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Latest in Data Storage: Information Stored as DNA Molecules

Storing data in the same format as a DNA strip may solve the crisis of having ample storage in the future.


Though the advances in technology among the healthcare sector are impressive, the latest development does not involve turning people’s DNA into datasets. It does, however, allow for data to be stored in the form of a DNA molecule. This new method of data storage came out of a need for larger capacities of storage for the world’s information. 

According to biospace.com, we create 463 exabytes of data in one day. To put it in perspective, one exabyte equals over 1 billion gigabytes. Attempting to quantify the amount of data we have is nearly impossible, but the need for more storage is easy to see. Researchers and tech companies alike are working to introduce the DNA method as the storage medium that will make other long-term storage methods obsolete.

How Does DNA Storage Work?

A DNA strip is made up of long strings of chemical nucleotide bases represented by A, T, G, and C. These letters let the DNA be read and this produces proteins. In the same way, a computer stores bits called binary data in 1s and 0s. These bits are read by the computer and transferred into readable text or another type of file. What researchers did was have each letter in a DNA molecule represent two bits of information. 

In 2017, two doctors from the New York Genome Centre converted six files into strings of binary code and developed an algorithm known as DNA fountain to process information for coding. The strings were separated into droplets of DNA strings 200 base pairs long. The strands were then sent to a company to be synthesized or combined, into code. The code is processed back into binary bits by a computer program and read as the original data.

Who Can Use This Form of Storage?

Currently, this cutting-edge technology is still in development. Once it begins to gain traction and become a more obtainable storage method, it will likely be offered to those who need it most. This would include industries and companies with data ranging from gigabytes to petabytes. Some data needs to be stored for legal or regulatory reasons. Examples of these include:

  • Medical records
  • Historical government documents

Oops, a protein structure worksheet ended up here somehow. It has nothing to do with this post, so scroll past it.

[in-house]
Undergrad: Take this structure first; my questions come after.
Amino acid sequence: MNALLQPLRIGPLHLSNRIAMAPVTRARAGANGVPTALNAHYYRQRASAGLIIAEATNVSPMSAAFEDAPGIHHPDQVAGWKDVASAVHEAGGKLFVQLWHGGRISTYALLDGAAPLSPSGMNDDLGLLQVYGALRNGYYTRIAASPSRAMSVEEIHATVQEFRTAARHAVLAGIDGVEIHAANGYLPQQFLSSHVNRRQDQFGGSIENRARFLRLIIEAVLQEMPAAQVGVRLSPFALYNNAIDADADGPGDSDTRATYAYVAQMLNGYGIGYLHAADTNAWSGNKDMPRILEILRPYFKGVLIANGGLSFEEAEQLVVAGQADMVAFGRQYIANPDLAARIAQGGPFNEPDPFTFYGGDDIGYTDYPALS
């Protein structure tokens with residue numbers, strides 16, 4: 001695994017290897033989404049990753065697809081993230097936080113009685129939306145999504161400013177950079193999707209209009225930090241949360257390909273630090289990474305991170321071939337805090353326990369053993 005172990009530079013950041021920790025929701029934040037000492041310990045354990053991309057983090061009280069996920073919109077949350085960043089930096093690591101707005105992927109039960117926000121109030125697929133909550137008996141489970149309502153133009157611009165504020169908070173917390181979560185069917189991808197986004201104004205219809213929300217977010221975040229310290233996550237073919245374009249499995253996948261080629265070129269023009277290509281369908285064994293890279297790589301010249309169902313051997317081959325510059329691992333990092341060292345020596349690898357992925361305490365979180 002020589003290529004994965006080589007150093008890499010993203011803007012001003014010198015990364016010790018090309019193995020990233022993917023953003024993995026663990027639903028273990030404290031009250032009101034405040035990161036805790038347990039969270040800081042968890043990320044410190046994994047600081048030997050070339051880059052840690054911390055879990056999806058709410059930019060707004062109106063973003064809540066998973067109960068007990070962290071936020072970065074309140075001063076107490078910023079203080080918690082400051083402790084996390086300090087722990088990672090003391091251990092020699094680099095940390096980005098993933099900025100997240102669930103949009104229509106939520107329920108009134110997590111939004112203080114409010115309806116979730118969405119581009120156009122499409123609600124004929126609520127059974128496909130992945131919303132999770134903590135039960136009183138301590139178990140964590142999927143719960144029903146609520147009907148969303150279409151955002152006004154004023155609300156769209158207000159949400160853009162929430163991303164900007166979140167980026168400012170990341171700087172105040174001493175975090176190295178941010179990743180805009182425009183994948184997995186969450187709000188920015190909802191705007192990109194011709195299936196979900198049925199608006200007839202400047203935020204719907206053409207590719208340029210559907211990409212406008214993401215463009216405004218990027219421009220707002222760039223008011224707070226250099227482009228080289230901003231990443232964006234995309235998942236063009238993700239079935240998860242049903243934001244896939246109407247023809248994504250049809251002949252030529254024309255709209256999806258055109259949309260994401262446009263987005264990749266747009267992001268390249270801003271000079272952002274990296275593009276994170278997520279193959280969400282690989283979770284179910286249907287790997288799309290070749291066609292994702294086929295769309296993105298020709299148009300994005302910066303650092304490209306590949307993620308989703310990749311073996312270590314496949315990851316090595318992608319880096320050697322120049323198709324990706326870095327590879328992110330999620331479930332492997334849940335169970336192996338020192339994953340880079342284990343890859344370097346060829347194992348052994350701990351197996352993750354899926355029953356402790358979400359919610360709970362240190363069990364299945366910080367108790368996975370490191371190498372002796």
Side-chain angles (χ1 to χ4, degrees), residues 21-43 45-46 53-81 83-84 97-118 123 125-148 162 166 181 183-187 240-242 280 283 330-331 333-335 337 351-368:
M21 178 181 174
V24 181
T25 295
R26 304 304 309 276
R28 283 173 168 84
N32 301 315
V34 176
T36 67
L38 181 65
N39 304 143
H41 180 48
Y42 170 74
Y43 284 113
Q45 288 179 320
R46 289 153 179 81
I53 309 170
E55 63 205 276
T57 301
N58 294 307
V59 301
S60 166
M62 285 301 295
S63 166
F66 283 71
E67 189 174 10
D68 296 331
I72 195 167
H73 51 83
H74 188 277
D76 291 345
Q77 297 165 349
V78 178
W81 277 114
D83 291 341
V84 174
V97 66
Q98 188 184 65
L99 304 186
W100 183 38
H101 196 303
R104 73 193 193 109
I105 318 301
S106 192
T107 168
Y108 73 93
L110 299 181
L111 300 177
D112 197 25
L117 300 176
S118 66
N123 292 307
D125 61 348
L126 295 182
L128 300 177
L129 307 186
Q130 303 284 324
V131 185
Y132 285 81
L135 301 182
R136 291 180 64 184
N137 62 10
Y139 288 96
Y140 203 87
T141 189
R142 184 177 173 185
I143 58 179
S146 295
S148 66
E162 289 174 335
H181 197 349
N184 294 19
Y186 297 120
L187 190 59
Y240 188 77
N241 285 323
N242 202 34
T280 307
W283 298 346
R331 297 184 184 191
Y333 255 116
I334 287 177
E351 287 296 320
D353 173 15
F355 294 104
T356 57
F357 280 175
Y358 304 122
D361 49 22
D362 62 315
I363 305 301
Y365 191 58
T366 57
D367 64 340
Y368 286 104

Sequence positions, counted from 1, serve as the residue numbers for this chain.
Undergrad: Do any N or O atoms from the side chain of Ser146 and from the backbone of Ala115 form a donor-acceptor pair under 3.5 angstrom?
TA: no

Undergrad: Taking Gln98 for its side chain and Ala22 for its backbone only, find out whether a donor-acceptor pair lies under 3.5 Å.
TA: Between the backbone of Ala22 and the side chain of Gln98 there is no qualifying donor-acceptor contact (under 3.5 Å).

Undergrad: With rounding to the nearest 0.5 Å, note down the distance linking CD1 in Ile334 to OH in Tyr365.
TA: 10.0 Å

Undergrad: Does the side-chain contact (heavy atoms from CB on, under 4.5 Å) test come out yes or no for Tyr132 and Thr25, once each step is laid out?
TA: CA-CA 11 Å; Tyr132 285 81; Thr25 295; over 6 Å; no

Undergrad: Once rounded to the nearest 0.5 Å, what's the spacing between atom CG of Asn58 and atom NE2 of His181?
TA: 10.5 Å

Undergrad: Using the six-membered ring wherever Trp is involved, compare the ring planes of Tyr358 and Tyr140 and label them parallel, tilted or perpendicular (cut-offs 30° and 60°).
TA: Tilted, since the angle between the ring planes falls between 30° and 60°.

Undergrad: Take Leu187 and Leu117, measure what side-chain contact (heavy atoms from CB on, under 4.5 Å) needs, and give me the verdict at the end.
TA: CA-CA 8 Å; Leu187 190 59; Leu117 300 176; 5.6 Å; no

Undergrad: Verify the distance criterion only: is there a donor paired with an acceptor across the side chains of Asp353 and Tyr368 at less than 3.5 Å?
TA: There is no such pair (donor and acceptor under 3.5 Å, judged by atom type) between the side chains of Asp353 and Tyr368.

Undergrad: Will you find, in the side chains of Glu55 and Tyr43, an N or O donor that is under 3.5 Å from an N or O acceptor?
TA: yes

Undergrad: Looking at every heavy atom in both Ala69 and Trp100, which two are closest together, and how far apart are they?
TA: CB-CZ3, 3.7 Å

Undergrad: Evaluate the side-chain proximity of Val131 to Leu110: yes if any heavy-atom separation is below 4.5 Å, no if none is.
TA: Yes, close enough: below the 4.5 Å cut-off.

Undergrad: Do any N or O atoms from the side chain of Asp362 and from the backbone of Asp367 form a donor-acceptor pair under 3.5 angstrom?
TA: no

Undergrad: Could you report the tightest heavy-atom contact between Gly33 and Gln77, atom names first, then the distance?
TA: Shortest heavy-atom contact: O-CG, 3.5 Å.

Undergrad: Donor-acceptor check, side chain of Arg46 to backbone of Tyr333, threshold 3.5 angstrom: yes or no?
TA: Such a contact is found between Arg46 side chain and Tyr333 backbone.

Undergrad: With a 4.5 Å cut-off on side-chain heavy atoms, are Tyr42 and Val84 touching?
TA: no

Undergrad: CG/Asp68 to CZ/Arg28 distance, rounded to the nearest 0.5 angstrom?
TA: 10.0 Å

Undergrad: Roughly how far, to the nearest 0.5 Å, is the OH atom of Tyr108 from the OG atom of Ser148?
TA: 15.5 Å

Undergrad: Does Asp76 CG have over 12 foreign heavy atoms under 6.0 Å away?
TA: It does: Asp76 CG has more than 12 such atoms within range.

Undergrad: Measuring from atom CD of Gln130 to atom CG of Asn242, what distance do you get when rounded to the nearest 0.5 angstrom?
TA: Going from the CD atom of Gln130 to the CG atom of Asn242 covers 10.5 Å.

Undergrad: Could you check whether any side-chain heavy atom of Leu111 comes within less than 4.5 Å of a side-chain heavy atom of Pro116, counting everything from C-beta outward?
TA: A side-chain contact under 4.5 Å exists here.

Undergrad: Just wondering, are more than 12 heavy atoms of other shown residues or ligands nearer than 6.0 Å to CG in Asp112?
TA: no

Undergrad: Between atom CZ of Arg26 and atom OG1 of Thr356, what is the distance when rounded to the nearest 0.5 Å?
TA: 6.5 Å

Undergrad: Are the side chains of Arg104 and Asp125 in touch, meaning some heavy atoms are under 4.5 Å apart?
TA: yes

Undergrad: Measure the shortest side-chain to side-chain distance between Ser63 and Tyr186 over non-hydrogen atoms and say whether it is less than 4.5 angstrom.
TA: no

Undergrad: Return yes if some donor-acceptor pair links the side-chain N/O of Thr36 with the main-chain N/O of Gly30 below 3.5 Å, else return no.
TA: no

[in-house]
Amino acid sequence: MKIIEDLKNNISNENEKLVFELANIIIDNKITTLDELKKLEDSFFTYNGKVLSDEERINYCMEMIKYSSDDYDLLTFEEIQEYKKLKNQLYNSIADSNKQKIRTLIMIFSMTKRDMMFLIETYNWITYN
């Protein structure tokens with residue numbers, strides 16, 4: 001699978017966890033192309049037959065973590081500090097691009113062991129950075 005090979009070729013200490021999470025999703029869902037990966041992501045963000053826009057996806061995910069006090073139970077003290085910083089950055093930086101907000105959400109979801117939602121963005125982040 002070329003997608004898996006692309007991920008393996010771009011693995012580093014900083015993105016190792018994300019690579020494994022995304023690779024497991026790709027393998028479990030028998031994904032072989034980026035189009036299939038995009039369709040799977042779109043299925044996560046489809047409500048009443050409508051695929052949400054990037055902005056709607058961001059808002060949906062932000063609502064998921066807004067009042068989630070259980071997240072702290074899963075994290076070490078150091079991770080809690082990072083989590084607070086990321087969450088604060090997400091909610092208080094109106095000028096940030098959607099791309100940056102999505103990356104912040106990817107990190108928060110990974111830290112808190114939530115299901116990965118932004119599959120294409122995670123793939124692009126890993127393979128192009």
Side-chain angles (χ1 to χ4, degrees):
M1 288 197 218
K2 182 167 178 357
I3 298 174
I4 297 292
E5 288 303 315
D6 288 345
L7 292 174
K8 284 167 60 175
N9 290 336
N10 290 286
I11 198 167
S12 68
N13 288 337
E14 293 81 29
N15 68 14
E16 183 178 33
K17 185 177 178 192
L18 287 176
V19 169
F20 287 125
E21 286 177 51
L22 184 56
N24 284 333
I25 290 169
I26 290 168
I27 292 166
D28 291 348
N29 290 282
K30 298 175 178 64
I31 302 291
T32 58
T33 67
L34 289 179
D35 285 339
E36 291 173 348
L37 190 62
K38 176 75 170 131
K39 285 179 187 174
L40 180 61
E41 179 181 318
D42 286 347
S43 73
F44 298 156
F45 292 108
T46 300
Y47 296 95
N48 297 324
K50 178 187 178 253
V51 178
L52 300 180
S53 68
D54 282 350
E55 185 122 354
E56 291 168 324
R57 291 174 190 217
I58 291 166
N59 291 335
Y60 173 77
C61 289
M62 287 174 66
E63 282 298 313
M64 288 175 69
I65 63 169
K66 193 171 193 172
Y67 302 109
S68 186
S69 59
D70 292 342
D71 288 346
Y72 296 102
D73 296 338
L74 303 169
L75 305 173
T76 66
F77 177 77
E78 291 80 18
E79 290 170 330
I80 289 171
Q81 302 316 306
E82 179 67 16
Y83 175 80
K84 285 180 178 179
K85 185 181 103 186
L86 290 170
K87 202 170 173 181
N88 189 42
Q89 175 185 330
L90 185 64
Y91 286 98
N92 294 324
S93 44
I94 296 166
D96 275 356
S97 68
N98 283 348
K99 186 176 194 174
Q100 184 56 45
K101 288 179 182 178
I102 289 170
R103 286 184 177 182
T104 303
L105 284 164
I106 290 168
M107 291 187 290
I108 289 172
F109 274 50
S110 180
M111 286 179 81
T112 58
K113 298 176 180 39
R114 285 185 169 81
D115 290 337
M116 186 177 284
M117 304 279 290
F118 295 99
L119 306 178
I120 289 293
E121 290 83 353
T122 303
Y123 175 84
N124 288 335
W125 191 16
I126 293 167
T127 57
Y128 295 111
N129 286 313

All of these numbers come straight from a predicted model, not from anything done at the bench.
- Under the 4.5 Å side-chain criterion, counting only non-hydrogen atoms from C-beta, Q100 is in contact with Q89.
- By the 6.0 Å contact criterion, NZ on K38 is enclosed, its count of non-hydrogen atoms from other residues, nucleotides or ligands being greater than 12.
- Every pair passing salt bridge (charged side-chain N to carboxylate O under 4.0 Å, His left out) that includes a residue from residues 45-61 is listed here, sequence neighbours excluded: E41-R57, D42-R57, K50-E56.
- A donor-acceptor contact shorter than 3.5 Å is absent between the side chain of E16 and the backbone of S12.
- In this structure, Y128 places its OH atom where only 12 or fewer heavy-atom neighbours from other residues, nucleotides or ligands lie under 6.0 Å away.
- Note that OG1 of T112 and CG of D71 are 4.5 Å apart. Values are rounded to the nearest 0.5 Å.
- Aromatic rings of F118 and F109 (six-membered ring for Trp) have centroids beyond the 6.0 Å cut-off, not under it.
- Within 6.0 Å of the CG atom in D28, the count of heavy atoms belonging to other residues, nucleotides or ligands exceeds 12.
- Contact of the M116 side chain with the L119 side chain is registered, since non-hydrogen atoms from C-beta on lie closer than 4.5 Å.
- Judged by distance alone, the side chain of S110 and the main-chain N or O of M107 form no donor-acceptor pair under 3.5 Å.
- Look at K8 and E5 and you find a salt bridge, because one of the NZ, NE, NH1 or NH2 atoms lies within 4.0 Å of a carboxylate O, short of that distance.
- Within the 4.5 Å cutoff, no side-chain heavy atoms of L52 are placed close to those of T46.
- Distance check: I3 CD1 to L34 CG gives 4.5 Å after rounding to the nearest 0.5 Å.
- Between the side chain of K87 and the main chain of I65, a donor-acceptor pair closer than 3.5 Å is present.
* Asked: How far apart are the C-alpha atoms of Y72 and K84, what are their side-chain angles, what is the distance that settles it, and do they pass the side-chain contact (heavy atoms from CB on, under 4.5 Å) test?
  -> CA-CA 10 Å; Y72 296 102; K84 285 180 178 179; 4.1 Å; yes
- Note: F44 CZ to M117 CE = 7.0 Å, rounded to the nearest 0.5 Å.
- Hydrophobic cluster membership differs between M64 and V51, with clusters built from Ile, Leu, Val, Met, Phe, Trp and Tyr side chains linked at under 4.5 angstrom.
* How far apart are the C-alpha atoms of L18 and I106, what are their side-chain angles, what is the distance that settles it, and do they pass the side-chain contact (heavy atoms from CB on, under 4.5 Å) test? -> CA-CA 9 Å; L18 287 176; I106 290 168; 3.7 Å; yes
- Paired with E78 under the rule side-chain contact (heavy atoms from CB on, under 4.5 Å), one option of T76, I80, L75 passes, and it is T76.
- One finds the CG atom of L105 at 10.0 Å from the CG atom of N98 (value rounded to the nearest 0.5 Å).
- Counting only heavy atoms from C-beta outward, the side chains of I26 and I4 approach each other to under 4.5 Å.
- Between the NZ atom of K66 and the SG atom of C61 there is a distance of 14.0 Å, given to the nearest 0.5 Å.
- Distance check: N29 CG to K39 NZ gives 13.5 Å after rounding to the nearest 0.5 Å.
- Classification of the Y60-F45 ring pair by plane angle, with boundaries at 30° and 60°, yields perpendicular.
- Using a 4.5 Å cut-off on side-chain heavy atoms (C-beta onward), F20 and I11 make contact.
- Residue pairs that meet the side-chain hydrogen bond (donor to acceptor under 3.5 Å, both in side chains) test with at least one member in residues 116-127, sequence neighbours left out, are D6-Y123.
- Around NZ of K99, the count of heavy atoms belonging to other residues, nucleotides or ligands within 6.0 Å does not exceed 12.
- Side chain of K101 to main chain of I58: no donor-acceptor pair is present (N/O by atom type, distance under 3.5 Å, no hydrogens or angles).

• Surveillance videos

In some cases, these types of files must be kept for a set period of time based on laws or internal regulations. While these industries would have the first crack at the technology, the overarching goal is to have DNA storage replace the current method for long term storage: magnetic tape.

What Does the Future Hold for DNA Data?

The biggest problem with this breakthrough in digital storage is the cost of synthesizing the DNA strands each time you need to process it into binary code. Microsoft has partnered with the University of Washington to produce an automated system to store and retrieve the data, relieving some of the work required to synthesize.

In 2019, DNA storage company, Catalog, coded DNA letters in different combinations called “identifiers” rather than in long strips and was able to assemble them in the order needed to encode the data. Another method in testing is producing a few molecules, copying them, and encoding different data in those patterns. Both methods would make the process more inexpensive.

One of the plans that may be implemented in the somewhat near future is creating an industrial-scale storage server service for IT companies, federal governments, and the entertainment industries. The larger entities will get more access before DNA data comes to market for the average consumer.

Any Data Storage Requires Professional Service

DNA can break and degrade over time and the data may become corrupt if the conversion and synthesizing aren’t performed properly. The technology is still in its early stages and there are issues like methodology and cost that need to be accounted for before it becomes the ultimate archiving and backup solution.

In the meantime, Secure Data Recovery performs tape data recovery, conversion services for your older media, and general data recovery on all storage media types. No matter how much data you may have stored, or what devices or operating systems you use to archive your information, Secure Data recovery is there with certified and professional service to ensure your data is recovered when a device fails. Call us at 1-800-388-1266 to learn about our many data recovery and storage services.

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